Here’s the corresponding SQL:

SELECT [t0].*, [q1].[Key]

FROM [Order] [t0]

CROSS JOIN (

  SELECT [t2].[Product] AS [Key], [t2].[Quantity] AS [Value]

  FROM [OrderItem] [t2]

  WHERE [t2].[OrderID] = [t0].[ID]) [q1]

ORDER BY [q1].[Value] DESC

With that solution, the backend is able to support arbitrary OrderBy clauses in sub-queries, be they added by the user or because re-linq decided to move part of a statement to a sub-query. Another impedance mismatch solved – but certainly not the only one.

Written by Fabian

July 2nd, 2010 at 7:31 pm

Posted in re-linq

re-linq now with partial trust support

without comments

I’m happy to announce that re-linq is going to support partial trust environments out of the box starting from build 1.13.63, which is due at the end of this week. Once it’s ready, you can get it here: http://www.re-motion.org/builds/. The SVN trunk already includes the partial trust feature.

re-linq can also be used from ASP.NET medium trust, but some LINQ query features (such as anonymous types created by the C# compiler or access to local variables from a query) require reflection permissions not available in default medium trust. Note that the C# compiler often automatically uses anonymous types when you write a LINQ query with multiple from clauses or joins.

In order to be able to parse such queries using re-linq (or any other LINQ provider, I assume), the ReflectionPermission must explicitly be granted with the MemberAccess permission flag in addition to the default ASP.NET medium trust permissions.

Copied from our mailing list. Please post any questions about this feature to the list.

Actually, there wasn’t much work to do to enable partial trust support within re-linq, it was only a matter of applying the AllowPartiallyTrustedCallersAttribute to the relevant assemblies. However, before we published this feature, we wanted to be able to run our integration tests within a partially trusted sandbox in order to ensure that everything was really working. Andreas Obkircher implemented this. He implemented Sandbox utility classes and even had to patch NUnit, which otherwise wouldn’t support partial trust in the version we are using.

So, I just want to say: Good job, Andreas!

Written by Fabian

June 10th, 2010 at 9:56 am

Posted in re-linq

How a Visitor implementation can handle unknown nodes

without comments

Two weeks ago, I explained how we use interfaces and dynamic type casts to overcome the Visitor pattern’s problems with extensible class hierarchies in re-linq. In a nutshell, we have a visitor base class, ExpressionTreeVisitor, with Visit methods for all standard expression node types. For extension nodes, we define specific visitor interfaces, and we test whether a specific visitor instance supports the interface using a runtime type check. This pattern is known as the Acyclic Visitor pattern (to some, at least…).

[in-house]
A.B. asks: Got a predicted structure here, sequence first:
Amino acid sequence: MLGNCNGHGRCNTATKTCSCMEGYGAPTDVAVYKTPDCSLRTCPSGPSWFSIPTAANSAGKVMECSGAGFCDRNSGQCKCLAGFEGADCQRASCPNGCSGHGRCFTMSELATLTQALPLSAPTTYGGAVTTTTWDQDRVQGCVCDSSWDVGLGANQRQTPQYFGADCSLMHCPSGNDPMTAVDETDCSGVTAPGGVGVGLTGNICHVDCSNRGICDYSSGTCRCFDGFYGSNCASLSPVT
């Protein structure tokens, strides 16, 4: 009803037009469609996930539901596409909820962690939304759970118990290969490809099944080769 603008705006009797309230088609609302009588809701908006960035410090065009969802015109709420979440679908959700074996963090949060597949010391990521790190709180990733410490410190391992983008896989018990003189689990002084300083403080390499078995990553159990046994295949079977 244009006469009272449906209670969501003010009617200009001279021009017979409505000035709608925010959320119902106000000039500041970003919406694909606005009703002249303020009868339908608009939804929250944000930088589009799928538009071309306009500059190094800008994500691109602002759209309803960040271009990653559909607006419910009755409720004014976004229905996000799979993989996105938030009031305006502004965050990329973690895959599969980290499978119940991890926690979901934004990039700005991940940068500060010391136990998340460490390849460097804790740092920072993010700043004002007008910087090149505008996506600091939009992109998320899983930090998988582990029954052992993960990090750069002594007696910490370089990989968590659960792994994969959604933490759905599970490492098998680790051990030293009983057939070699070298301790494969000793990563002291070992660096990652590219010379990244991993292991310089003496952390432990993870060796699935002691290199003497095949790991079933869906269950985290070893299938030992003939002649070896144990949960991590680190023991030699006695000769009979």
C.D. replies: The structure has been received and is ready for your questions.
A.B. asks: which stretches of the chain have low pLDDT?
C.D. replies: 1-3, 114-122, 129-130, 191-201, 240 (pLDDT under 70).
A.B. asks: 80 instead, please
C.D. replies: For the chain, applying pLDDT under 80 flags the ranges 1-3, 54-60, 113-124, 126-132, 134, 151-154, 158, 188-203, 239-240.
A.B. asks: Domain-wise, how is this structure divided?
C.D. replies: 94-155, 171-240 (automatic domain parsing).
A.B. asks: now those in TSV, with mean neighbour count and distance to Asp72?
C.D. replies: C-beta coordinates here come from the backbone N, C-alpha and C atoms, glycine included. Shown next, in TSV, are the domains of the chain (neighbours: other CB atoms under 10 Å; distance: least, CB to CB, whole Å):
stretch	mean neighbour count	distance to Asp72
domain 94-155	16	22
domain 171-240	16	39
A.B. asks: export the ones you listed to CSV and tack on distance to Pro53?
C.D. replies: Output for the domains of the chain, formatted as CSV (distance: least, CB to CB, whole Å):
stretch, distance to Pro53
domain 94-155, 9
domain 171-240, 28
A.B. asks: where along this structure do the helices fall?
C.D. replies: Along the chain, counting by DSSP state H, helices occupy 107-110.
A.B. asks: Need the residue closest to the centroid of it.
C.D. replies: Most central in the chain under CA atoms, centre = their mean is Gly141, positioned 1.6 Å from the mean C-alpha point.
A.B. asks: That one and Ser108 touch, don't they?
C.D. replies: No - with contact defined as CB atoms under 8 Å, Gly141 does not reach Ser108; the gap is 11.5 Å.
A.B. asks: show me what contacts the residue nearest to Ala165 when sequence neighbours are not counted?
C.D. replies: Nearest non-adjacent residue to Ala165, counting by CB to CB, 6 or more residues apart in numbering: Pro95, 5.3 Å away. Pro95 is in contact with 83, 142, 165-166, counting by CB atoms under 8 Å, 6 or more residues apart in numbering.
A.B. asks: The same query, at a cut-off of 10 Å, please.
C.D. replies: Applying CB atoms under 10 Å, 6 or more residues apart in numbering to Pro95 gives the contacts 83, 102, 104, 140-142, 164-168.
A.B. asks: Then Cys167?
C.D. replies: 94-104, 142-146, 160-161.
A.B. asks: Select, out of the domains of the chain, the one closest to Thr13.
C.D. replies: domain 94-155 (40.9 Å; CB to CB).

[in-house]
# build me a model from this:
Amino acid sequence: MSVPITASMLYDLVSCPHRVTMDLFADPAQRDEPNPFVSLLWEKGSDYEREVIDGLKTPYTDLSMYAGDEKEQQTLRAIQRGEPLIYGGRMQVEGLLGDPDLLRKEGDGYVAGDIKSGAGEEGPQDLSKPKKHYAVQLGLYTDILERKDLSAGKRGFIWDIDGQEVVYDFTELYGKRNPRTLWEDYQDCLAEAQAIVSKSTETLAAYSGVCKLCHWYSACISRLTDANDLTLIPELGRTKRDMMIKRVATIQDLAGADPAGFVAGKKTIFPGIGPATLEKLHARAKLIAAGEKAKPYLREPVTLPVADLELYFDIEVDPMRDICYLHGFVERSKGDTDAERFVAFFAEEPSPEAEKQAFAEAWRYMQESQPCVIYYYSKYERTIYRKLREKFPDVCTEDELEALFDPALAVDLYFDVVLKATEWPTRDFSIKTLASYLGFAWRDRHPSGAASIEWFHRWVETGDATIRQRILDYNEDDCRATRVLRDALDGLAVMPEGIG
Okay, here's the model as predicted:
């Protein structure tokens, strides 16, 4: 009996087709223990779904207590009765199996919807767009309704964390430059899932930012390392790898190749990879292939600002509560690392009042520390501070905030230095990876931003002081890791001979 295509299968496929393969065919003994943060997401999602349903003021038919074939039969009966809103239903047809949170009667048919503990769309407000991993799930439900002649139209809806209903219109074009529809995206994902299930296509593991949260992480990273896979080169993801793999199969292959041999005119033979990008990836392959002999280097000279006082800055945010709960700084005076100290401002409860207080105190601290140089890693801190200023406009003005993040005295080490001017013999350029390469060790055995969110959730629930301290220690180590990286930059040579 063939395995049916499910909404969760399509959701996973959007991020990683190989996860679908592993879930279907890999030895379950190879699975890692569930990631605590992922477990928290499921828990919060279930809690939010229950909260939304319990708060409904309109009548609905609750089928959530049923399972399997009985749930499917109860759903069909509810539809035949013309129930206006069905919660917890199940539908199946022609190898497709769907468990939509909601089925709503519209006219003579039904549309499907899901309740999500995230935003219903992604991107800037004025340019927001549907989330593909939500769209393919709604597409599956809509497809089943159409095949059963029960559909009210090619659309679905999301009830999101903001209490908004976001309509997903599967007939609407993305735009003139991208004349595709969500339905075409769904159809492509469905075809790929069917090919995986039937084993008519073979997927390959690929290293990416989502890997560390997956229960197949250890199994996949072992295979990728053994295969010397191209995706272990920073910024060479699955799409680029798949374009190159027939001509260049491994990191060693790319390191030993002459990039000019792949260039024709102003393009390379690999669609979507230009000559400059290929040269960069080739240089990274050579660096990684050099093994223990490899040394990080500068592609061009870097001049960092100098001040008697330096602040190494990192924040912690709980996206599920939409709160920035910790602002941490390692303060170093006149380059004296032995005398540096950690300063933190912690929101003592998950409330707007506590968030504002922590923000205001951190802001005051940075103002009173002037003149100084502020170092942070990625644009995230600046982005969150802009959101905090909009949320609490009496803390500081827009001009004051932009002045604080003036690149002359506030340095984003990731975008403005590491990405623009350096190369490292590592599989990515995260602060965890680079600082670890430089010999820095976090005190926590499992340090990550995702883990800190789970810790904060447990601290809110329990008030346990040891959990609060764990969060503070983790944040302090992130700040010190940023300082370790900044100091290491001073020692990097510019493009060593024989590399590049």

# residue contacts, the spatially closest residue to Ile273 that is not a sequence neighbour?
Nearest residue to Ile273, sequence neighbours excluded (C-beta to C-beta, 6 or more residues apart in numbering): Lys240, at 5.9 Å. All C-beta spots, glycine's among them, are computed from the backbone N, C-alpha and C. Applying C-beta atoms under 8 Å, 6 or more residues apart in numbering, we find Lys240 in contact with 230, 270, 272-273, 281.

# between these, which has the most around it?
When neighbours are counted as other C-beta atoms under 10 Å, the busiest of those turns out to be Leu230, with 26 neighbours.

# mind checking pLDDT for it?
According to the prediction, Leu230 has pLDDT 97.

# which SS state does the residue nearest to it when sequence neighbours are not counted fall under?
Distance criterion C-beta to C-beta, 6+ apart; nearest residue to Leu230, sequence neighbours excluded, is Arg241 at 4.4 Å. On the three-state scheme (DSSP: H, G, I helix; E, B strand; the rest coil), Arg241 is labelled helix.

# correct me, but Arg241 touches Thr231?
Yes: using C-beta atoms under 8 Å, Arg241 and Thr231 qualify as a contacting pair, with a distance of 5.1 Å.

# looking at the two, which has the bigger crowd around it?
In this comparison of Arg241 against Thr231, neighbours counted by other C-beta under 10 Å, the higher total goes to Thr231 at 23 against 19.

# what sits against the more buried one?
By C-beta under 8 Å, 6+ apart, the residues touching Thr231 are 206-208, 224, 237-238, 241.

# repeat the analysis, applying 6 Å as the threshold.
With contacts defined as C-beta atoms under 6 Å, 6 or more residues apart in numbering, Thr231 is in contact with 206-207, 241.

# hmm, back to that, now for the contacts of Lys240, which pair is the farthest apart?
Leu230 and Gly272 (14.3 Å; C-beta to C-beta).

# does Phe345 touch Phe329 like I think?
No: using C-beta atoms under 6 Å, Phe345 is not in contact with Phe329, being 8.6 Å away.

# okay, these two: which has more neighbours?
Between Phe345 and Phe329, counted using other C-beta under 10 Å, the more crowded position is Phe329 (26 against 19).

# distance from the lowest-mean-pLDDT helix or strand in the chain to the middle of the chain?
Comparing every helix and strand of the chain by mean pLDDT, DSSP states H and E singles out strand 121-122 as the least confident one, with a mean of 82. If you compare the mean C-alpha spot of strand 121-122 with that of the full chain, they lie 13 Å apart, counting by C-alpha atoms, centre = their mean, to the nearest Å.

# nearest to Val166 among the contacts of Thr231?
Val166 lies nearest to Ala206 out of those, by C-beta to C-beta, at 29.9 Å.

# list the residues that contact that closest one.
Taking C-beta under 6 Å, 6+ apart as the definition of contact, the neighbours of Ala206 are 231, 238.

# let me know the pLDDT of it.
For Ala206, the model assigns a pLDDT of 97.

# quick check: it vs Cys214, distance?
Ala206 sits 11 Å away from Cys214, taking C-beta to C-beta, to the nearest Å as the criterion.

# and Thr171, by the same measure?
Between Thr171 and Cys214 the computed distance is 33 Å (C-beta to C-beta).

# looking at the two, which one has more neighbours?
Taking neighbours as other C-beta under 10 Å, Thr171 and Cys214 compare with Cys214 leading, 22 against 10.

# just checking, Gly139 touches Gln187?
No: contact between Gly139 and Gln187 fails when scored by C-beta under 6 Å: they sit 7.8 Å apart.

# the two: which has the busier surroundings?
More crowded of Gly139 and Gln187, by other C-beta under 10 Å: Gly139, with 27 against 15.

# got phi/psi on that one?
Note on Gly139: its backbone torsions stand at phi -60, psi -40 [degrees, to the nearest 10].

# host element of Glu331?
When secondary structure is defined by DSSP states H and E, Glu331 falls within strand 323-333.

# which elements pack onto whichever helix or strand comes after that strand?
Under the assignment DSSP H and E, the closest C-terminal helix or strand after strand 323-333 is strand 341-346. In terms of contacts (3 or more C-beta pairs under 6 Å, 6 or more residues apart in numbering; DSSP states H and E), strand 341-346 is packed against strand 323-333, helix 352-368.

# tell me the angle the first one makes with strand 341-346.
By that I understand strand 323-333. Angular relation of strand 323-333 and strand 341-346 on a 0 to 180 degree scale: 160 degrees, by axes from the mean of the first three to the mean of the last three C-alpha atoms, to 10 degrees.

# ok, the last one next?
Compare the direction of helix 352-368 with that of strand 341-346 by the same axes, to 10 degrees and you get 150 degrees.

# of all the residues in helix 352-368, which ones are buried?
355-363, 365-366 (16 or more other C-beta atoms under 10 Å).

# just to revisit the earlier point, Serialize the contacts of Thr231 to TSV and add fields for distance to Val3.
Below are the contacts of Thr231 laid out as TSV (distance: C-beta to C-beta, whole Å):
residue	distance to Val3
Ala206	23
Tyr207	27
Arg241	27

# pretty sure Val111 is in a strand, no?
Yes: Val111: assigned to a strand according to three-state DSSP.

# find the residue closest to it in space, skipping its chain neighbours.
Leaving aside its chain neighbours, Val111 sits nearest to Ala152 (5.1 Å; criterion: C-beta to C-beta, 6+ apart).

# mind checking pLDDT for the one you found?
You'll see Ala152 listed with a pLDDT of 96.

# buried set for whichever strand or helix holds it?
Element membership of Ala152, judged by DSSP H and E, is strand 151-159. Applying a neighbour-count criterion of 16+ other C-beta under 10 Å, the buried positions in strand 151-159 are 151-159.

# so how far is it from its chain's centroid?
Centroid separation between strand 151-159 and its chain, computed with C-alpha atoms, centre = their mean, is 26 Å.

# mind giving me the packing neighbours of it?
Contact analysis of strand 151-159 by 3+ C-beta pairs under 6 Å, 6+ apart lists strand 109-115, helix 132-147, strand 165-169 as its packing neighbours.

Here’s an example; the Accept method of SqlCaseExpression (an extension node type):

public override Expression Accept (ExpressionTreeVisitor visitor)

{

  ArgumentUtility.CheckNotNull (“visitor”, visitor);

 

  var specificVisitor = visitor as ISqlSpecificExpressionVisitor;

  if (specificVisitor != null)

    return specificVisitor.VisitSqlCaseExpression (this);

  else

    return base.Accept (visitor);

}

The base class’ Accept method, which is called if the visitor instance does not support the extension node, is implemented as follows:

public virtual Expression Accept (ExpressionTreeVisitor visitor)

{

  ArgumentUtility.CheckNotNull (“visitor”, visitor);

 

  return visitor.VisitUnknownExpression (this);

}

Last time I said that there were three possibilities of how the VisitUnknownExpression method could be implemented in a specific visitor: it could ignore the unknown expression, it could throw an exception, or do … something else. But what could that third option be?

The answer sounds simple: Handle the unknown node in a generic way.

Sometimes, that’s easy. For example, re-linq has a visitor called FormattingExpressionVisitor, which is used to generate a string representation of expression trees. (We need that because the implementation of Expression.ToString acts just plain stupid when confronted with a non-standard expression being a child of a standard one.) That visitor  handles unknown nodes in a generic way – it just calls ToString on them.

Sometimes, it’s harder. While some expression visitors, such as a SQL-generating visitor or the FormattingExpressionTreeVisitor, are used to transform expression trees into a completely different representation, the much more common scenario is that specialized visitors search for certain node patterns. They then either return what they’ve found or transform the nodes, replacing them with other structures.

For example, consider a visitor that looks for ConditionalExpressions (the equivalent of C#’s conditional operator ?: in expression trees) and transforms those into SqlCaseExpressions: